Previous studies describing the use of proteins for adsorption processes focused on the physico-chemical process. Additionally, the process of membrane filtration was investigated in biomedical research using a physico-chemical process to adsorb proteins, and for their subsequent separation . One must first understand the serum binding ability of the small molecules of interest, as described in detail in the literature with regard to the extraction of dyes. The diffusion of dye molecules is directly related to their size and colloidal properties .
Studies on filtration membranes are often applied to the movement of extracorporeal and macromolecules, such as polysaccharides or proteins, and this phenomenon has been observed in haemodialysis studies, when considering the interaction between heparin and plasmatic proteins [18,19]. Bovine serum albumin-BSA is the most abundant protein in blood plasma, and works as a transport protein for several substances, and has properties such as pH-dependent binding and interaction considering the efficiency and economic viability [20,21,22,23]. The method of vacuum filtration for the retention of synthetic dyes is described by the literature as being poor, its success being related to the extent of membrane porosity and the molecular size of synthetic dyes as prerequisites for adsorption and vacuum filtration [24,25,26].
This paper investigates the effect of pH on the adsorption process of the azo dye Orange II using bovine serum albumin (BSA), focusing on the possible interactions associated with the decolorization process, given the principle of the interaction between the dye molecules (cationic system) and albumin. The physical process of vacuum filtration was used to evaluate the decolourization of the effluent, and the complex albumin-Orange II formed, followed by evaluation of the toxicity of the decolorized effluent using the microcrustacean Artemia salina.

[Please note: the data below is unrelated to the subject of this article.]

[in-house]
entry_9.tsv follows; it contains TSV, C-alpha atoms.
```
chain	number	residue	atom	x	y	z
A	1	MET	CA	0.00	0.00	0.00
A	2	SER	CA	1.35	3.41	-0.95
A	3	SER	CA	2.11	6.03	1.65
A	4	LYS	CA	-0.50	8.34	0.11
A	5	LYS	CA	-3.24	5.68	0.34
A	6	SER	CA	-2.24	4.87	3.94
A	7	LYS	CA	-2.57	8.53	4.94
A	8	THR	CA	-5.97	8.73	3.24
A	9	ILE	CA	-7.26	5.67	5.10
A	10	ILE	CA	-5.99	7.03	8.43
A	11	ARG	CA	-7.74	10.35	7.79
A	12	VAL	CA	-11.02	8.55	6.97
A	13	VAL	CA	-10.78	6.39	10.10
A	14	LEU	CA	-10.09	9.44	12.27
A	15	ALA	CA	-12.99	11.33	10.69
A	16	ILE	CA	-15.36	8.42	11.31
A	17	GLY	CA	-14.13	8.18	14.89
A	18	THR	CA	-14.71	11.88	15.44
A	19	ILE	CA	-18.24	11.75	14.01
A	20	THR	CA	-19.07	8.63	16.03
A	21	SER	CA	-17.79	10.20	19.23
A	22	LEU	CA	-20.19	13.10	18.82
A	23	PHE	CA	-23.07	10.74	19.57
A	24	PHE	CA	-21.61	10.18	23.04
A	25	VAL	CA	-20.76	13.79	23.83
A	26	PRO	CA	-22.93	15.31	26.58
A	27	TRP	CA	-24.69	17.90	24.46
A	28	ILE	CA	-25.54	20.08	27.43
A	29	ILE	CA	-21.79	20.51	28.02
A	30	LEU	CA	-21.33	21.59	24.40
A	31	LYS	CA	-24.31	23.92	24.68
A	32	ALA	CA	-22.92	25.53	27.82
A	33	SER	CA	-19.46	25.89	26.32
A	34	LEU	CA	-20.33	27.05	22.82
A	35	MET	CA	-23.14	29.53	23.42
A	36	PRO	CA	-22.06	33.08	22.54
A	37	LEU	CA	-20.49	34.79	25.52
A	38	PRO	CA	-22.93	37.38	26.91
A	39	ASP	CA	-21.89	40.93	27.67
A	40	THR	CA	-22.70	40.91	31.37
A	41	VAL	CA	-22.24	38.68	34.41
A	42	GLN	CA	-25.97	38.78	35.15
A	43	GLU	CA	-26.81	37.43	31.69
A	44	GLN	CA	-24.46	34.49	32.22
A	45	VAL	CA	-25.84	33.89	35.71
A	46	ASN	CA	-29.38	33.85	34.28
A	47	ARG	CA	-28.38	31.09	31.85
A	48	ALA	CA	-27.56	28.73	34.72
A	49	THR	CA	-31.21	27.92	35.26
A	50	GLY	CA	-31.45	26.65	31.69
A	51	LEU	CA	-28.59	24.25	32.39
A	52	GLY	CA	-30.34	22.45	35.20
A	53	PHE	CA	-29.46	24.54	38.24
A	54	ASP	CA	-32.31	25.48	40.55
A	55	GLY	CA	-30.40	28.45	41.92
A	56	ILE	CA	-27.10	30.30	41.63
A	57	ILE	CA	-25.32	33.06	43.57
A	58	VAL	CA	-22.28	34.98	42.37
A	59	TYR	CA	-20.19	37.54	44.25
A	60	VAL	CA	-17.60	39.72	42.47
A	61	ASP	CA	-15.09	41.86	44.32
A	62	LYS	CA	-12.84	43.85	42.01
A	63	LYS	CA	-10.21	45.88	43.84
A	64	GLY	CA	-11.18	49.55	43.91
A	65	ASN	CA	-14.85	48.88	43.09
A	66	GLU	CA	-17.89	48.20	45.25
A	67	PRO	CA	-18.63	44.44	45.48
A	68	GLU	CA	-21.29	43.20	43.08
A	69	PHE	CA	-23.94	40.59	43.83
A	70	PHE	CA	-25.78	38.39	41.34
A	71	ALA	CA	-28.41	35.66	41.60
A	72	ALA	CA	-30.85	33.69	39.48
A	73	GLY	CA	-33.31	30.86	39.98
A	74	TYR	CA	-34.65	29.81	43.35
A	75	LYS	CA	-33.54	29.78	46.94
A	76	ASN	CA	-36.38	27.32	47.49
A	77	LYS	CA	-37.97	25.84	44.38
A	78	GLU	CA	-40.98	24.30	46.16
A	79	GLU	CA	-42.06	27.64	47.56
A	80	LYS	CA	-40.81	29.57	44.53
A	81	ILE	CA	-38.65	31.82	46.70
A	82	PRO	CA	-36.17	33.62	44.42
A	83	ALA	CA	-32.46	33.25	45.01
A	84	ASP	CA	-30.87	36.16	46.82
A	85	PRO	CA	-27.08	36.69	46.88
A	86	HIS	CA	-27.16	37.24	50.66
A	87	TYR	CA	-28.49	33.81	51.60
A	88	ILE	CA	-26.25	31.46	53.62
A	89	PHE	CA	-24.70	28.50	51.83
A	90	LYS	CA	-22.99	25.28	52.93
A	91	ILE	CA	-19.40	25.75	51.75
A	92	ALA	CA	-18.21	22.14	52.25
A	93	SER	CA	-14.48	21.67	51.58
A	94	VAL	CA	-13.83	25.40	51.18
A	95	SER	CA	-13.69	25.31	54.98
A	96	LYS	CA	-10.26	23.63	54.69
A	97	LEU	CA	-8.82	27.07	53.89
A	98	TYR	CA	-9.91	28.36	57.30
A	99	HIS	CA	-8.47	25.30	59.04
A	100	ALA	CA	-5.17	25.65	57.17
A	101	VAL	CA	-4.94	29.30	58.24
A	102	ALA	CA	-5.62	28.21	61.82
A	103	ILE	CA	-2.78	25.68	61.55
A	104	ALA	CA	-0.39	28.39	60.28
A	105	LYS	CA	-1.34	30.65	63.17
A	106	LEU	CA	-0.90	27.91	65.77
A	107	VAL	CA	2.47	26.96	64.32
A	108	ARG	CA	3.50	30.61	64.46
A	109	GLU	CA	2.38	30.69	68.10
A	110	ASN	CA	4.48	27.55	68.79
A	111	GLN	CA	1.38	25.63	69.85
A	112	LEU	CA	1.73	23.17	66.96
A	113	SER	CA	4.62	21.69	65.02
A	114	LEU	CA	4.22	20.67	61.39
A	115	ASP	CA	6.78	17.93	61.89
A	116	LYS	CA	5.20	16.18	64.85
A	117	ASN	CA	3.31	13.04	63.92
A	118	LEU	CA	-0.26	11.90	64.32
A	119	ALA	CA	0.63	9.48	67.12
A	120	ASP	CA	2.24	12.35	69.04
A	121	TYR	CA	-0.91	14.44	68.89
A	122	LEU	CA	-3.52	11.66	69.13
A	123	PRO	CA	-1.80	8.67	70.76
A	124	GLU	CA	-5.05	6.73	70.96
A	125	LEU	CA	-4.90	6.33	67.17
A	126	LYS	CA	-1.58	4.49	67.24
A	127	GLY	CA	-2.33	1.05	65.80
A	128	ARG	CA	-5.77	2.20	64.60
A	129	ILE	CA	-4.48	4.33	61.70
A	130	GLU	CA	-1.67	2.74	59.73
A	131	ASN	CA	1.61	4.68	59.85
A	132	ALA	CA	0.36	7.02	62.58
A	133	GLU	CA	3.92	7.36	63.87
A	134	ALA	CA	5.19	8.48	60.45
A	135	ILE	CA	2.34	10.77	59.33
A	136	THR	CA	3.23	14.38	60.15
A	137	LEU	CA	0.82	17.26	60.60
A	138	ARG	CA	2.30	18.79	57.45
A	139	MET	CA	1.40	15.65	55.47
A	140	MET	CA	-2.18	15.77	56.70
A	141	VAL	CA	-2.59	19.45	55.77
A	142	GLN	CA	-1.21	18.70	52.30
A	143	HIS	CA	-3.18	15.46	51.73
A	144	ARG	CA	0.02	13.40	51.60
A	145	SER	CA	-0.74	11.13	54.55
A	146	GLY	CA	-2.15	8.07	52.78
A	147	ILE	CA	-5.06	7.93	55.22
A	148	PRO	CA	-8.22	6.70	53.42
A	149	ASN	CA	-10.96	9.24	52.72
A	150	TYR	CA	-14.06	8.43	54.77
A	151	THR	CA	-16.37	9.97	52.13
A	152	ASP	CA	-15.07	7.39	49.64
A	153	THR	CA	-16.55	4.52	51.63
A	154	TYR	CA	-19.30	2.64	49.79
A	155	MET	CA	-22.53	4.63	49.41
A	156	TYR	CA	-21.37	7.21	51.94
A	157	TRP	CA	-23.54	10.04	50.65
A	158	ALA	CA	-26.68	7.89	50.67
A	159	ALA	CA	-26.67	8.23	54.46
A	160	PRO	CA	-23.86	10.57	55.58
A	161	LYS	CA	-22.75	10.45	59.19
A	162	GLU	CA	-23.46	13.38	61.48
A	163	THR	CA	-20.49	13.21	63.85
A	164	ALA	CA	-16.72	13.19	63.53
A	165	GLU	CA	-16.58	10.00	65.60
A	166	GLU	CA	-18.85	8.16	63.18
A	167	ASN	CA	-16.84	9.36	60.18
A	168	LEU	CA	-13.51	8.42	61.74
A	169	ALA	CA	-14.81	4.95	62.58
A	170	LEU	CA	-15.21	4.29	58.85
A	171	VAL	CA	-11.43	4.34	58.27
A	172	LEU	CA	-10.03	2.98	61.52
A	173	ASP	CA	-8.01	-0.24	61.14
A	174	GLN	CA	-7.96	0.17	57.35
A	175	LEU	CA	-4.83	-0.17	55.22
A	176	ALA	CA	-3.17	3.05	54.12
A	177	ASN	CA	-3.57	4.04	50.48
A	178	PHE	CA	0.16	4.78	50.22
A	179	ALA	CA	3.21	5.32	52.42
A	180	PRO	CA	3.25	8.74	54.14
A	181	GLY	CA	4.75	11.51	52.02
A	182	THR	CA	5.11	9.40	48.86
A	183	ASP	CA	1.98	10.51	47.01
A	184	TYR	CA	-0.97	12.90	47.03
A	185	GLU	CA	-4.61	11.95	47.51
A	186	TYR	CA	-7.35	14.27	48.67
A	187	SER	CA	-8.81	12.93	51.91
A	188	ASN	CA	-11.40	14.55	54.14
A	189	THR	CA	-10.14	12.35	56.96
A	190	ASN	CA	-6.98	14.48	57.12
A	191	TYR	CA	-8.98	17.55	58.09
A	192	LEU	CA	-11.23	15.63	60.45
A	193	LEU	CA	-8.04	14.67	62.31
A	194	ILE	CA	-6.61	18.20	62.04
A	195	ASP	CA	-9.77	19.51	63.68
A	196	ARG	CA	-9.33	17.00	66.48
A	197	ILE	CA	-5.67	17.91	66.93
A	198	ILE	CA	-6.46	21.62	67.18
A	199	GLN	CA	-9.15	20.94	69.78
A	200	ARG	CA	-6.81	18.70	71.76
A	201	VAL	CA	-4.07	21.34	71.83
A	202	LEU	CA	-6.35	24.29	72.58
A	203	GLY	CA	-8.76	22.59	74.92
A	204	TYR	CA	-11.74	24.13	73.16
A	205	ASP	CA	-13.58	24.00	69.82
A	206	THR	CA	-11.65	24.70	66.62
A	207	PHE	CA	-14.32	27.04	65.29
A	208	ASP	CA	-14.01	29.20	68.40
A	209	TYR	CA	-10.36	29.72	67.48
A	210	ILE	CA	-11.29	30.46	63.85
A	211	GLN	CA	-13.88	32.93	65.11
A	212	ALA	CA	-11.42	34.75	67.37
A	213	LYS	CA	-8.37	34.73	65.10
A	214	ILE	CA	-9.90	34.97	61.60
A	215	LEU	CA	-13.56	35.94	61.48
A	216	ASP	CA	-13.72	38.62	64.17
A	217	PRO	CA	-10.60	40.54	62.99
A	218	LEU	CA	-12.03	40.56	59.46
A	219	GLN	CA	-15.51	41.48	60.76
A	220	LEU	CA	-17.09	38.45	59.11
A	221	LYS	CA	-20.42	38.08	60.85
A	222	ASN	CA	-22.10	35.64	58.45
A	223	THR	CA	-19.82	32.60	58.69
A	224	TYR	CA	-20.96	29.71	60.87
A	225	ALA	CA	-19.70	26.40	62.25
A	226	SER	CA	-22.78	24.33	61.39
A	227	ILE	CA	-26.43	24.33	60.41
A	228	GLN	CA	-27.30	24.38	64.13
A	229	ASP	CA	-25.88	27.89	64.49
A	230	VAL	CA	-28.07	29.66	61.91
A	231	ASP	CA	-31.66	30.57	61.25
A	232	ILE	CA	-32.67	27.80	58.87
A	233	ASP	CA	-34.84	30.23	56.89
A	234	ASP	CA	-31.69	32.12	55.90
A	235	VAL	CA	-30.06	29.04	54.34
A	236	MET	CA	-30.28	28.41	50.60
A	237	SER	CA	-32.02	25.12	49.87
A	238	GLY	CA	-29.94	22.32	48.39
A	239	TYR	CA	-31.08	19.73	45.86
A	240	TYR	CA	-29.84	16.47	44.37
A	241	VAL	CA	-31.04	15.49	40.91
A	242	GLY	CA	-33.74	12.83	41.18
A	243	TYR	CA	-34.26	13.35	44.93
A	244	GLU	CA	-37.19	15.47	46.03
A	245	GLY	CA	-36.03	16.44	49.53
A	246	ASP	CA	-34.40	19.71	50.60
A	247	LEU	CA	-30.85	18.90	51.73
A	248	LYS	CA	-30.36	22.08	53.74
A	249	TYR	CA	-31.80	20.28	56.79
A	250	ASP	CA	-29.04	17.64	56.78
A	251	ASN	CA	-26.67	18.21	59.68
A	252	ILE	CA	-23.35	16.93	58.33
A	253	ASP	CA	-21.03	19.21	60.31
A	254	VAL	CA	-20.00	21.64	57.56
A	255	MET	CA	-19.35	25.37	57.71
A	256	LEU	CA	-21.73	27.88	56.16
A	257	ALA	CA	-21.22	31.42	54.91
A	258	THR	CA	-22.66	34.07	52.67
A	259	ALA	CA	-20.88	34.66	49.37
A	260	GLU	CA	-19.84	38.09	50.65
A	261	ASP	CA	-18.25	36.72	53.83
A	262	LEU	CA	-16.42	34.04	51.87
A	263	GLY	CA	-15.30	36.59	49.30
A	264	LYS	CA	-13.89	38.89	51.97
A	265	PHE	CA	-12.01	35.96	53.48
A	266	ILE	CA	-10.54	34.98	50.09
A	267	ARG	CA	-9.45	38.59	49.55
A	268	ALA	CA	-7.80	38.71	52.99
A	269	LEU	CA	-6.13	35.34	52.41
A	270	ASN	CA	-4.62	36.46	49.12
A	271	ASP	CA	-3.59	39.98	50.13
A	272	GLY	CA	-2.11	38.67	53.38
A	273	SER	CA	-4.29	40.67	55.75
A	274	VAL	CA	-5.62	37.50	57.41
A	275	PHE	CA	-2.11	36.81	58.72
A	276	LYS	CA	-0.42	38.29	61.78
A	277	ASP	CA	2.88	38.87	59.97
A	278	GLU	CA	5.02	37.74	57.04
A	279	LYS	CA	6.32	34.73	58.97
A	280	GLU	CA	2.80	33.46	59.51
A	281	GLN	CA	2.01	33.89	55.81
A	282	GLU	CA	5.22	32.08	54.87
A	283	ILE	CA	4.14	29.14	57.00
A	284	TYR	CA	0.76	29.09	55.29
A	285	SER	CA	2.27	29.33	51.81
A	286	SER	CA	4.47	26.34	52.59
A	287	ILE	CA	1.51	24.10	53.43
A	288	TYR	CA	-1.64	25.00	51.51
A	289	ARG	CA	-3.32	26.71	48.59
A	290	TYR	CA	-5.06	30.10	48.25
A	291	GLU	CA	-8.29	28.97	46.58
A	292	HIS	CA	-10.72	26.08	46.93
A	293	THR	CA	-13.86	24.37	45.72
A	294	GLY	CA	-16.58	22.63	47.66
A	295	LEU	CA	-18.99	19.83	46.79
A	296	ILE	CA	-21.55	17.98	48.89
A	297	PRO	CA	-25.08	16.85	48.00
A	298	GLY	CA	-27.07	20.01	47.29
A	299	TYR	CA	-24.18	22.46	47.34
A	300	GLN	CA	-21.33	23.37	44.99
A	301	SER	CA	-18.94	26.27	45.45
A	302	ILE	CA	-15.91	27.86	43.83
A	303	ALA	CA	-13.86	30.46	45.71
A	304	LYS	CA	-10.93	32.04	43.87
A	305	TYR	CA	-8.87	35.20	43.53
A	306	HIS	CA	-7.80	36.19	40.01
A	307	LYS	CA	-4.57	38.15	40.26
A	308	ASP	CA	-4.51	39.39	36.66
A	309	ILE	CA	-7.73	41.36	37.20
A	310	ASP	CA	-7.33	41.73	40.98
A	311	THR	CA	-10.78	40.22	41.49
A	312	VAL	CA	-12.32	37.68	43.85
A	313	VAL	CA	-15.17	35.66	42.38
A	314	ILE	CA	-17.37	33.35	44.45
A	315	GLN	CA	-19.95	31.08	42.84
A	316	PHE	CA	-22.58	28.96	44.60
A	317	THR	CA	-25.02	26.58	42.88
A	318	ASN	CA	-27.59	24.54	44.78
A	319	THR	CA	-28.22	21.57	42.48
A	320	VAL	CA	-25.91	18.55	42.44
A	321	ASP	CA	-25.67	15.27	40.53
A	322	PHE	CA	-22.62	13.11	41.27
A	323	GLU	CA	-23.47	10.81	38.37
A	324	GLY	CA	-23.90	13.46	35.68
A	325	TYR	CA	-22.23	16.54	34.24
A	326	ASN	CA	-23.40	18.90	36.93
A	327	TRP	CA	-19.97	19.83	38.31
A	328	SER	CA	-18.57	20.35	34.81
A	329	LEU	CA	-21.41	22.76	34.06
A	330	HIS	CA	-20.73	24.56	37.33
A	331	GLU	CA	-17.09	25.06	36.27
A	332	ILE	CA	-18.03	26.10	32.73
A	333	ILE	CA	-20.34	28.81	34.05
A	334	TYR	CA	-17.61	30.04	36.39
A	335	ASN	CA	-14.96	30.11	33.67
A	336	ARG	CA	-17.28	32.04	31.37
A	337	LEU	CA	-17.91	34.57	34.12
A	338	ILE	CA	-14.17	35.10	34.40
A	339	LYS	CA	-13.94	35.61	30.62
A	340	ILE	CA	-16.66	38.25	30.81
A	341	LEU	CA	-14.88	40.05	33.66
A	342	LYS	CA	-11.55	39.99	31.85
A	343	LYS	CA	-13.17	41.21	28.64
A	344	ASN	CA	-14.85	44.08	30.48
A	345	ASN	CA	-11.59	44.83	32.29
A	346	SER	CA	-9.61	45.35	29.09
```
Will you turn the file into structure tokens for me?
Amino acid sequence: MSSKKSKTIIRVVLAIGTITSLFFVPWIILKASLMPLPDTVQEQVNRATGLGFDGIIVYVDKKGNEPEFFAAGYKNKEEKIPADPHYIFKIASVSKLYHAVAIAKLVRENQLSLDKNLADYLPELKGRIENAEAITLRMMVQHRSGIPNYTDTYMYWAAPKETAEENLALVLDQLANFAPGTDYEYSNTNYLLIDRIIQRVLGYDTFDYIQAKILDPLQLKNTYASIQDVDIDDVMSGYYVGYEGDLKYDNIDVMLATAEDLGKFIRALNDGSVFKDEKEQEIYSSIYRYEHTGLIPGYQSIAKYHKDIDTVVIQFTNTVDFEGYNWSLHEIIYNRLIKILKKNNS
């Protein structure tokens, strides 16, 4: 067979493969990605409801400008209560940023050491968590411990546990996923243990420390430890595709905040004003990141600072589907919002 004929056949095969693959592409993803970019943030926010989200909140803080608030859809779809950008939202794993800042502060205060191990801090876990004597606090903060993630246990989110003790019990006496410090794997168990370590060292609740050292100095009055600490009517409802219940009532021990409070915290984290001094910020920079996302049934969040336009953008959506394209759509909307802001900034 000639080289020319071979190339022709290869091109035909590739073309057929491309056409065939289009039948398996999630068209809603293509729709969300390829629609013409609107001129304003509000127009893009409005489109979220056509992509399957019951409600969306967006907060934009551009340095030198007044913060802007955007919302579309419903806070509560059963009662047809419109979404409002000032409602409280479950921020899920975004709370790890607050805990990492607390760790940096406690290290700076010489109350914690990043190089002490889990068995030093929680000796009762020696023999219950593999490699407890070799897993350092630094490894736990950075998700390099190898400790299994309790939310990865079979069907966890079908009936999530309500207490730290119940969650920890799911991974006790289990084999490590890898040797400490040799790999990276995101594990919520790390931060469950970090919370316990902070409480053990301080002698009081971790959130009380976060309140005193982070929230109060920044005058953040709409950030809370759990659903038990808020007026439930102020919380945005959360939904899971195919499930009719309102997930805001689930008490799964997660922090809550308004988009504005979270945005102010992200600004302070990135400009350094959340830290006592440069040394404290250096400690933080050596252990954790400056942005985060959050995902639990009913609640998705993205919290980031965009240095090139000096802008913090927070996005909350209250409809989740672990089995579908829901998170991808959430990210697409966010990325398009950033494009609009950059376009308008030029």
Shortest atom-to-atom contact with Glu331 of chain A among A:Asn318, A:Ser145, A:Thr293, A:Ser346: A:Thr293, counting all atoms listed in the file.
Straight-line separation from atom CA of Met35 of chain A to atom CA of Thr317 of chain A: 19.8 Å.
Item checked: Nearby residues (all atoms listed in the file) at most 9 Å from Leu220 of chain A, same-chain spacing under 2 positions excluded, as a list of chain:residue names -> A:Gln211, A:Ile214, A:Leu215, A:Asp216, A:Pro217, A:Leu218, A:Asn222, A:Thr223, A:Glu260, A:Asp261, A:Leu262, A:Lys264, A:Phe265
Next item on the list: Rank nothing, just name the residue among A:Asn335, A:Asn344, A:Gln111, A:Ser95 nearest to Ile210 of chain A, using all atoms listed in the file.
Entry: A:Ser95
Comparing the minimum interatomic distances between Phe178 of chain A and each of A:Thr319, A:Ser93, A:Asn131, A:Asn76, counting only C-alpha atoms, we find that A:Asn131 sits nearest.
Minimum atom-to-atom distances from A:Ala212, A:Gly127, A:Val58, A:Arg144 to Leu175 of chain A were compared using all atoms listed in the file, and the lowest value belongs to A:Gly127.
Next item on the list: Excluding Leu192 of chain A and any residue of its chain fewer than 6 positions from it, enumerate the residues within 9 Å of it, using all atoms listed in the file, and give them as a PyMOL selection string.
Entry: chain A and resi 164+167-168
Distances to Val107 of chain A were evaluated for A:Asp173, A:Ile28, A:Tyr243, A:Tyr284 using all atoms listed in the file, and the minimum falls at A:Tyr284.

2. Results and Discussion
2.1. Influence of the Time Interaction, pH and Adsorption
In order to find the optimal contact time and albumin (BSA) concentrations, the experiments were conducted at a pH of 3.0. The relative proportions of dye to albumin were maintained (at 1:3 v/v). The results indicated that the highest contact time (90 min) of dye and albumin led to the removal of Orange II (Table 1).
|Assay||Azo dye/albumin concentration (g/L)||Time of incubation (min.)||pH||Orange II removal (%)|
Parameters: Azo dye/albumin ratio (1:3 v/v); vortex at 200 r.p.m.
The effects of dye and BSA on decolorization, as well as the interaction between them, in the first 22 full factorial designs are shown in Figure 1 and Figure 2. The Pareto chart clearly shows a positive correlation of the dye/albumin and the contact time on the decolorization process. Higher interaction was observed on the dye Orange II and BSA concentrations of 0.1 g/L and 0.25 g/L at 90 min of contact and pH of 3.0, respectively. The low error (0.093667) obtained from the standardised effects of adsorption by BSA validated the experimental procedure using azo dye/albumin (0.25 g/L). On the other hand, the Orange II-BSA interaction contributes in a statistically significant way to the increase in the decolorization of the effluent.